Grandma Goes to Shambhala Family Camp
by Rev. Susan Morrisson
My son is a Shambhala meditation practitioner. Recently he, his wife and their 9-year-old daughter invited me to join them for a week at the Shambhala Mountain Center in Colorado.
Great Stupa at Shambhala Mountain Center
Located on 650 acres of sacred land, the Center is dedicated to nourishing the Shambhala spirit. Shambhala is a form of Tibetan Buddhist practice. Its teachings begin with, “Do not be afraid of who you are! Tell the truth about yourself and communicate openly.”
The center’s Great Stupa (1) is a striking sight. It invites meditative walks as well as meaningful rituals. I felt a huge sense of awe and reverence for this monument, as worthy as any cathedral I have seen.
Practicing Peaceful Mind with the Young Warriors
Shambhala has a family camp program called Rites of Passage, for ages 8 – 10. The children are taught to take more responsibility for their emotions as well as their actions by becoming young warriors. They use the term “warrior” in the sense of its Tibetan meaning: “one who is brave.” Bravery refers to promoting human goodness, making the enlightened society possible.
Moving in this direction requires time to form new habits of body and mind. One of the most valuable habits we learned to cultivate is meditation. Meditation is all about practice. First things first: I needed to learn to sit on the cushion. Fortunately, I was given permission to stack several cushions to make this possible.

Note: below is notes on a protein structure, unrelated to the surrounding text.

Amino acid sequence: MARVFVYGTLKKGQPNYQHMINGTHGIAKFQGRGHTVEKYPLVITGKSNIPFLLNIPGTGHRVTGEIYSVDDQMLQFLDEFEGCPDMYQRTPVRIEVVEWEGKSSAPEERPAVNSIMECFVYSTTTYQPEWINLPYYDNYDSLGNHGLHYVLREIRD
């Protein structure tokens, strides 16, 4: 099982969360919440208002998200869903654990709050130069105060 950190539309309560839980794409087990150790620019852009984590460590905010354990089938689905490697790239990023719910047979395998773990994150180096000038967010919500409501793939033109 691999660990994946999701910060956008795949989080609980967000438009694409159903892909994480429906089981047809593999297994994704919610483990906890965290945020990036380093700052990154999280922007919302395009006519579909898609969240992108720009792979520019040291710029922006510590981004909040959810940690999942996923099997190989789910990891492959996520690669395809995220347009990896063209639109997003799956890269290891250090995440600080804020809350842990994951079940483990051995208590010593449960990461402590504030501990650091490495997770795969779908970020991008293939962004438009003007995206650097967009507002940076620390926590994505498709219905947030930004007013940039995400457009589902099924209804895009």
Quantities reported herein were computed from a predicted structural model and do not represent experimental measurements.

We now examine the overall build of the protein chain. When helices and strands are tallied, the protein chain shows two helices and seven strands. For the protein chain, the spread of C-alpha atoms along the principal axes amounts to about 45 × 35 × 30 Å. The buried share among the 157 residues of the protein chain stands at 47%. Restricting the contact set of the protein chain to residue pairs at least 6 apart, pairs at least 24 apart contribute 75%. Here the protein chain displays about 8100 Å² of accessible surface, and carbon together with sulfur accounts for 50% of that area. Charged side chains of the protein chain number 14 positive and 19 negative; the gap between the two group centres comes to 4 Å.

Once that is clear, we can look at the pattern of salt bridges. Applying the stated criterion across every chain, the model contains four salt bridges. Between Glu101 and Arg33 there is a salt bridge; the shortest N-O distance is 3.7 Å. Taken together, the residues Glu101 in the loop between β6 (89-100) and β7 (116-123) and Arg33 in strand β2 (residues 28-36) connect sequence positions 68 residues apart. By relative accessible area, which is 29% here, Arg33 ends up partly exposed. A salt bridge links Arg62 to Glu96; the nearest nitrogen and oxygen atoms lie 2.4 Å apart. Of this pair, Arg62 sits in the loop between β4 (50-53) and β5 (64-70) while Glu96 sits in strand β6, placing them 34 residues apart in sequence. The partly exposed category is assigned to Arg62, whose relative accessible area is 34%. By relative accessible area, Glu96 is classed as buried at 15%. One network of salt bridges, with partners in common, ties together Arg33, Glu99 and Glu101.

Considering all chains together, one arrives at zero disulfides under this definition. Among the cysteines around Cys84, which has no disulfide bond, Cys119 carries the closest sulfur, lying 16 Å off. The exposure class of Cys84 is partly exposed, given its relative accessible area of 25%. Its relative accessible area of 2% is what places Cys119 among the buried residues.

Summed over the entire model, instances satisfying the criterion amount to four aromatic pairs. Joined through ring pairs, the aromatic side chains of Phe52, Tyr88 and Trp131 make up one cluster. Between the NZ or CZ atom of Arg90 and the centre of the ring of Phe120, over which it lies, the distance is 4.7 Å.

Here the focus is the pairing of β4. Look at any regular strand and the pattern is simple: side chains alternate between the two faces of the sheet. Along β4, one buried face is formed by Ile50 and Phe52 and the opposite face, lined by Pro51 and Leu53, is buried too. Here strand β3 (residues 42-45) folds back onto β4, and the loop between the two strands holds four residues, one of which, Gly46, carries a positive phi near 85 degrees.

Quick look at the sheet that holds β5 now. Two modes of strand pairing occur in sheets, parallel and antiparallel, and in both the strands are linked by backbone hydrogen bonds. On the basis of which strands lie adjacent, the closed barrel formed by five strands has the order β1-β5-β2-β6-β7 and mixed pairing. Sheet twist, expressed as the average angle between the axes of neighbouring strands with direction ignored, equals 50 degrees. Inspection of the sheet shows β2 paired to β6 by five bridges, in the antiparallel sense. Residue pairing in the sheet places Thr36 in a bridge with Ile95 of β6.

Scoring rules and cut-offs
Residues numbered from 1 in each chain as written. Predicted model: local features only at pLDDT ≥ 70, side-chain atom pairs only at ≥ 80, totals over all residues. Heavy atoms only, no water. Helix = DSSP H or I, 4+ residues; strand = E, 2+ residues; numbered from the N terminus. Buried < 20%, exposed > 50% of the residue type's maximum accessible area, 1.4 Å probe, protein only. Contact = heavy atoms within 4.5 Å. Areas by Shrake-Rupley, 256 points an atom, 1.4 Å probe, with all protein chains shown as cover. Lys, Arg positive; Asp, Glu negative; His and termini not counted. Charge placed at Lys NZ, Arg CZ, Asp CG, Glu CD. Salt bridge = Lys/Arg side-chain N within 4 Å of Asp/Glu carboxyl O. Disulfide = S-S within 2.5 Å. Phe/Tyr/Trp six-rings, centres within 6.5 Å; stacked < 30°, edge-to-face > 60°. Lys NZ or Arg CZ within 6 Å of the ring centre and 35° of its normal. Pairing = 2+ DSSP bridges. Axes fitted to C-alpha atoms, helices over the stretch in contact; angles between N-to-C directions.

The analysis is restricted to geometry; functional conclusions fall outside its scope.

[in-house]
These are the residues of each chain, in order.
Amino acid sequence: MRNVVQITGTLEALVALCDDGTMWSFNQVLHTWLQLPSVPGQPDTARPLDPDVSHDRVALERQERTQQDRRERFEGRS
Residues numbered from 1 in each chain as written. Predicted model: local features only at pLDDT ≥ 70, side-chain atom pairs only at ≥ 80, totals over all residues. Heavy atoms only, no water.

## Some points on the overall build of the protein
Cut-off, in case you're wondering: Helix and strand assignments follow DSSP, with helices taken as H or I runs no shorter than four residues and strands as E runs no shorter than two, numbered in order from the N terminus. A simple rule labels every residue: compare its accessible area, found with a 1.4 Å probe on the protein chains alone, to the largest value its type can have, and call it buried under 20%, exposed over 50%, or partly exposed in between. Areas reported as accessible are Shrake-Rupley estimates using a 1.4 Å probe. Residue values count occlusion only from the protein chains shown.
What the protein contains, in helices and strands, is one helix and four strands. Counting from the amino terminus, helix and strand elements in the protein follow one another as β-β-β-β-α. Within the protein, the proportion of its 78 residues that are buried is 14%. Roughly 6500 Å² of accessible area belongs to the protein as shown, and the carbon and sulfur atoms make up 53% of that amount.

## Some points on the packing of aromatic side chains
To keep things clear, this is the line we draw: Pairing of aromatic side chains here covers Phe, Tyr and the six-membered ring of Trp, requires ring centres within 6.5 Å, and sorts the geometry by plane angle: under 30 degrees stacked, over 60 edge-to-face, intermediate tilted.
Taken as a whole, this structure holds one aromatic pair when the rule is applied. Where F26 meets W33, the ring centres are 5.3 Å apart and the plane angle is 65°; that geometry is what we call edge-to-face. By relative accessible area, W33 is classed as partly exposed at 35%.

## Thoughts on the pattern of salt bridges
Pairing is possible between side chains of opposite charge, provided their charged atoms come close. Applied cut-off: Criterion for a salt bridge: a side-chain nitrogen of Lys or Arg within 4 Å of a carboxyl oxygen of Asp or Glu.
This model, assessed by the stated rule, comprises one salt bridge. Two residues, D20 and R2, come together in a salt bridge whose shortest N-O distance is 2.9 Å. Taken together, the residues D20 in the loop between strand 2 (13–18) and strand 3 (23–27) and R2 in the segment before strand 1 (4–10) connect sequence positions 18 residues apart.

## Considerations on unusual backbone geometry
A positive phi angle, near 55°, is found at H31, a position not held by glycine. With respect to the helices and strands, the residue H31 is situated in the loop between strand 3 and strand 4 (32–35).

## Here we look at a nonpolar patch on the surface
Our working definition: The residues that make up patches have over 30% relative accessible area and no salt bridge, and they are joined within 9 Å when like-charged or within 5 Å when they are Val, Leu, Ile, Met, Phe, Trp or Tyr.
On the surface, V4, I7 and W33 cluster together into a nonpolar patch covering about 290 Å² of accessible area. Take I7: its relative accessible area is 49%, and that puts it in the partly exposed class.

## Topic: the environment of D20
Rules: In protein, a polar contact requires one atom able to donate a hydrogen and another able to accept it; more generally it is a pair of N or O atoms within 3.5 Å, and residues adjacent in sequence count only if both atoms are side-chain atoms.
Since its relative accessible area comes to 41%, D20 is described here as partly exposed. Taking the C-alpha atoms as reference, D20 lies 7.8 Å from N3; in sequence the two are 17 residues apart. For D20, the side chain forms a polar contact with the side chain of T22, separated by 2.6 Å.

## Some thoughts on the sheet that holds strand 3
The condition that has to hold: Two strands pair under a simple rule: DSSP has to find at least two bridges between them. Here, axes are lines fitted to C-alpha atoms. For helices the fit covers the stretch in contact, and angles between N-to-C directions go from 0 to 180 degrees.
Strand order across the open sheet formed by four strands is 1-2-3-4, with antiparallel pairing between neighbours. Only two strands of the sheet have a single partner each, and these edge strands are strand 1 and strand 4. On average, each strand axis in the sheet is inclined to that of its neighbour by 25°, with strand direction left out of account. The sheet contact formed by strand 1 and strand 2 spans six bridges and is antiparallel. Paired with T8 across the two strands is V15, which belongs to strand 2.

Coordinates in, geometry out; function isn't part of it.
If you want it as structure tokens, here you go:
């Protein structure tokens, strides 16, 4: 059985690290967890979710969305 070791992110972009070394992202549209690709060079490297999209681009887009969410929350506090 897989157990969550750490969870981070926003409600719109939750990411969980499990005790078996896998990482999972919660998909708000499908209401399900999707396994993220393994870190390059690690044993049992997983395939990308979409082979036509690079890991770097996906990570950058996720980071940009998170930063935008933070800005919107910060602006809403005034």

Here goes… Breathe in, breathe out. … Sit up … no slouching … look straight ahead … let your mind settle. A worrisome thought comes in … let it out on the nextexhalation. Once I let go of concerns and judgments about “doing meditation right,” I was able to settle into peaceful presence.
The children shared an experiment that symbolizes the busy mind: “Fill a large jar with water, then drop some colorful glitter into the jar and shake. See the glitter jumping all around? That’s what happens in your mind when it is filled with emotions, worries, and troublesome thoughts.”
Setting the jar to the side, we resumed meditation. After several minutes we were invited to look again at the jar. The glitter had settled and the water had cleared. “This is why we do meditation—to let our minds settle. Now our mind is clear to face what had seemed worrisome!”
All week I was constantly learning alongside my granddaughter and the other young Shambhala warriors. Walking the mile-long path of the Stupa as the week came to a close, I felt deeply connected to the goodness of all creation.
When you have the opportunity, stand and face the rising of the Great Eastern Sun. It is a powerful symbol and a reminder of the dawn of human dignity and goodness in ourselves and others.
(1) His Holiness the Fourteenth Dalai Lama, spiritual leader of Tibetan Buddhists, explains: “It has long been the tradition that wherever the teachings of the Buddhas have been revered and practiced, communities of followers have built reliquary monuments known in Sanskrit as stupas and as chörtens in Tibetan. And wherever they have been built, they have been regarded as sacred, for like religious images and scriptures, they represent aspects of enlightenment.” (http://www.shambhalamountain.org/great-stupa/)